Posted on July 29th, 2020
The White Marlin Open is less than a week away! Check out the Daily Catch at the Ocean City Fishing Center above.
I think we’re going on two weeks straight of day with temps in the 90s and my grass is showing it. There hasn’t been much wind or precipitation to speak of so you won’t hear any reel fishermen complaining about a little heat. Tuna chunking was hit or miss for the fleet today, there were a couple of keeper flounder caught in the bay, and the ocean going party boat fleet saw a nice mixed bag of fish.
Captain Chris Watkowski and mates Ayrton Pryor and Jacob Bialk were one of the hits for tuna chunking today. They put their crew on nine very nice yellowfin tuna.
Captain Chris Mizurak of the Angler reported a mixed bag of fish today with some healthy sea bass and flounder up to 4.5 pounds.
Anglers on the Morning Star with Captain Monty Hawkins found the sea bass chewing after last night’s storms.
After mad t-storms last night; a serene sea this morning.
Took 30 blocks to Capt. Bob’s Reef and kept going. Pretty off there today.
Found sea bass chewing – nicked a keeper fluke right out of the gate also. That flounder would remain lonely rest of the day.
Cbass, however, stayed on the feed most everywhere I went. Chad Donbach from Middletown PA swept everyone’s pool money into his pocket with a jumbo bass. Alex Garrison from Baltimore limited first at 10:23 this morning. And Zach Warfield of Whitehall MD was our guest reef builder today.
..so we caught well everywhere — (Rant Coming!)
The only exception was an area that’s been productive for years—over a decade. There I found a blank screen. No life at all. A large area too with a lot of catching history.
Looked as though it had been shaved clean.
Bet it was. Happened since early last fall.
Whether a clammer or trawler I couldn’t guess w/o an underwater camera. Whichever, other spots inshore a bit remain productive for our temperate reef fish. Even found a new spot of patchy reef where I’ve crossed innumerable times – it’s new bottom.. This one? No fish &, apparently, no growth remain. (Yes, I can ID sea whip—a soft coral—with my sounders.)
This is a tiny real-time example of why I keep driving at “Seafloor Habitat Restoration” as a much more realistic method of Fisheries Restorations. Although it’s the first habitat impact I’ve seen in years, consider this: from 1950 to 1961 there were more sea bass landed commercially (& weighed across the dock – not estimated like recreational catch!) ..there were more cbass in those 11 years than in all the decades since—combined. Man, that’s a LOT of fish!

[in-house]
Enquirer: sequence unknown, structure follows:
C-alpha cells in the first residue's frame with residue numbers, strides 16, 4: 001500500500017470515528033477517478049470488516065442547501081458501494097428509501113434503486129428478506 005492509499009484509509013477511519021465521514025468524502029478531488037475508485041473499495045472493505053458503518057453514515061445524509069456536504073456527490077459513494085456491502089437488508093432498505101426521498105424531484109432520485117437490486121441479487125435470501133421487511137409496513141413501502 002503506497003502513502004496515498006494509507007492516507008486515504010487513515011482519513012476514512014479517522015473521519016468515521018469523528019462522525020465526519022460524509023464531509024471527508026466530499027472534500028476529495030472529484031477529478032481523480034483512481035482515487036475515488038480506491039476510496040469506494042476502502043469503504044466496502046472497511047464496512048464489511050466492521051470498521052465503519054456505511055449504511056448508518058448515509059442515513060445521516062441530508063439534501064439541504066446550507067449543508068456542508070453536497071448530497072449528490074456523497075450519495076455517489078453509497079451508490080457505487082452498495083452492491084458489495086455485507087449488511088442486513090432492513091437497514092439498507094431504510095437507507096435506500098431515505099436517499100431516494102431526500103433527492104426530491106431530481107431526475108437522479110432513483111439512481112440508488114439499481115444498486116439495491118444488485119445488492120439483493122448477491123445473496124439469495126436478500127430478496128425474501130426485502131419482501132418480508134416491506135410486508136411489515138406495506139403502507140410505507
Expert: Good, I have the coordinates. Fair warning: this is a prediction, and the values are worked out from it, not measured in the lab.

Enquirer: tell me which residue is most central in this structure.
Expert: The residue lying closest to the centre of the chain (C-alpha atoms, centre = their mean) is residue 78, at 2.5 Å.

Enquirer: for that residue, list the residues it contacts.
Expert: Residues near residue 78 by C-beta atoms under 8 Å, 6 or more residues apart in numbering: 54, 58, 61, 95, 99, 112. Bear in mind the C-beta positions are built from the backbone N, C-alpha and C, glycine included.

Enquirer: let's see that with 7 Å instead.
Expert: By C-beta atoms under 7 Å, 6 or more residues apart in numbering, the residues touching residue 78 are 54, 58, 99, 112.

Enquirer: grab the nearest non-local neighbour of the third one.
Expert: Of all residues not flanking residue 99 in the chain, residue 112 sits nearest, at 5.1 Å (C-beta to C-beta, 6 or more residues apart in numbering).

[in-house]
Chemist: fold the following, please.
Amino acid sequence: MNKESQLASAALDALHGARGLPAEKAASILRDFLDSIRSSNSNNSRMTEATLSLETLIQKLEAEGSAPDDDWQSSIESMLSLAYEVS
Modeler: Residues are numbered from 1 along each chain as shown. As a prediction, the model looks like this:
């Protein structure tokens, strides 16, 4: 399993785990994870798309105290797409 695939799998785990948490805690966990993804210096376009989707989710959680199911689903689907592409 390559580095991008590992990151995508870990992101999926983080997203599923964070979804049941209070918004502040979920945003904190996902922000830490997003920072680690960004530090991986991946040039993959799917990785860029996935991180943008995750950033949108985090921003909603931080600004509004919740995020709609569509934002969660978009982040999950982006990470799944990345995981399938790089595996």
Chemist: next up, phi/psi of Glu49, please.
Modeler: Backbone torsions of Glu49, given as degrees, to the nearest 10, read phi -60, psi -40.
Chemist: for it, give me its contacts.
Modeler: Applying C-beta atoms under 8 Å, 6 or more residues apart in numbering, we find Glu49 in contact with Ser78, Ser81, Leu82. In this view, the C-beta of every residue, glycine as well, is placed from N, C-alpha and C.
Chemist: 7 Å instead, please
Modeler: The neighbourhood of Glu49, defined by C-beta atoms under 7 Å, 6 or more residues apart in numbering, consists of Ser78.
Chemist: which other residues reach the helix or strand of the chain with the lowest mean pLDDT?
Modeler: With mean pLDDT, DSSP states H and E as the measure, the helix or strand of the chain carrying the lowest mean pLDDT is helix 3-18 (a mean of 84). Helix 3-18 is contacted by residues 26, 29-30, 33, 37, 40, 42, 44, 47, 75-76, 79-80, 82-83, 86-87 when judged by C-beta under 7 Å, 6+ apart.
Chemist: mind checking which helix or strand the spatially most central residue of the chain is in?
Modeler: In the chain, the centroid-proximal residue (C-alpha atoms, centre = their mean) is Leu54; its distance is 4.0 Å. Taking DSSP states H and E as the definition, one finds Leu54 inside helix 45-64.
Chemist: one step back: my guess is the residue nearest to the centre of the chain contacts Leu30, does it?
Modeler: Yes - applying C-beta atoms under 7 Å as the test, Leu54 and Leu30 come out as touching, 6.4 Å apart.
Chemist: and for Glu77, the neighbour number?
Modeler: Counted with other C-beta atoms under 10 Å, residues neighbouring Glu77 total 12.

I’d bet anything today’s decline has far more to do with habitat loss from gear impacts long decades ago than “overfishing.” You give sea bass a bit of “emergent epifauna” (reef!) and they’ll do all they can to populate it — or repopulate it.
But if the gear used to make a day’s fishing wage prevents recolonization; if a couple trawl tows take a spot out of sea bass spawning production for a decade as growth recolonizes and reforms ‘reef habitat’ suitable to the task; or, in some instances, if the gear, especially surf clam/quahog gear, creates permanent loss of habitat – then permanent loss of the impacted area’s fishery production occurs. It happened on a daily basis in the early years of industrial fishing’s rise.
Less Spawning Habitat Must Equal Fewer Fish In The Future.
We cannot turn the ocean blue and fill it with fish using “catch restriction” alone. We must discover the habitat footprint of yesteryear and restore it. That historical footprint would be easily found in commercial landings’ history.
Every morning, before every trip, I back my old F-150 up to a pallet of reef blocks and load up 20 or 30. Mates & clients load em on the boat. We’ve dropped well over 30,000 blocks in just over a decade.
I’m 100% certain they’ve had a positive impact—those thirty-some thousand blocks have broadened our region’s habitat footprint.
But not by much.
Barge loads of quarried rock, precast concrete and cement rubble: there’s where true restoration’s task lies.
It’s a big job. I’m always working on it in small ways. Might we get the feds working on it – NOAA – (or even recognize it?) and huge positive change will occur.
This keeper flounder was captured on the Tortuga with Captain Drew Zerbe and mate Serge Garder.
I could hardly catch bunker with my cast net this evening, but young Emily Mitchell of Dagsboro, DE caught this one in the surf today with her bare hands!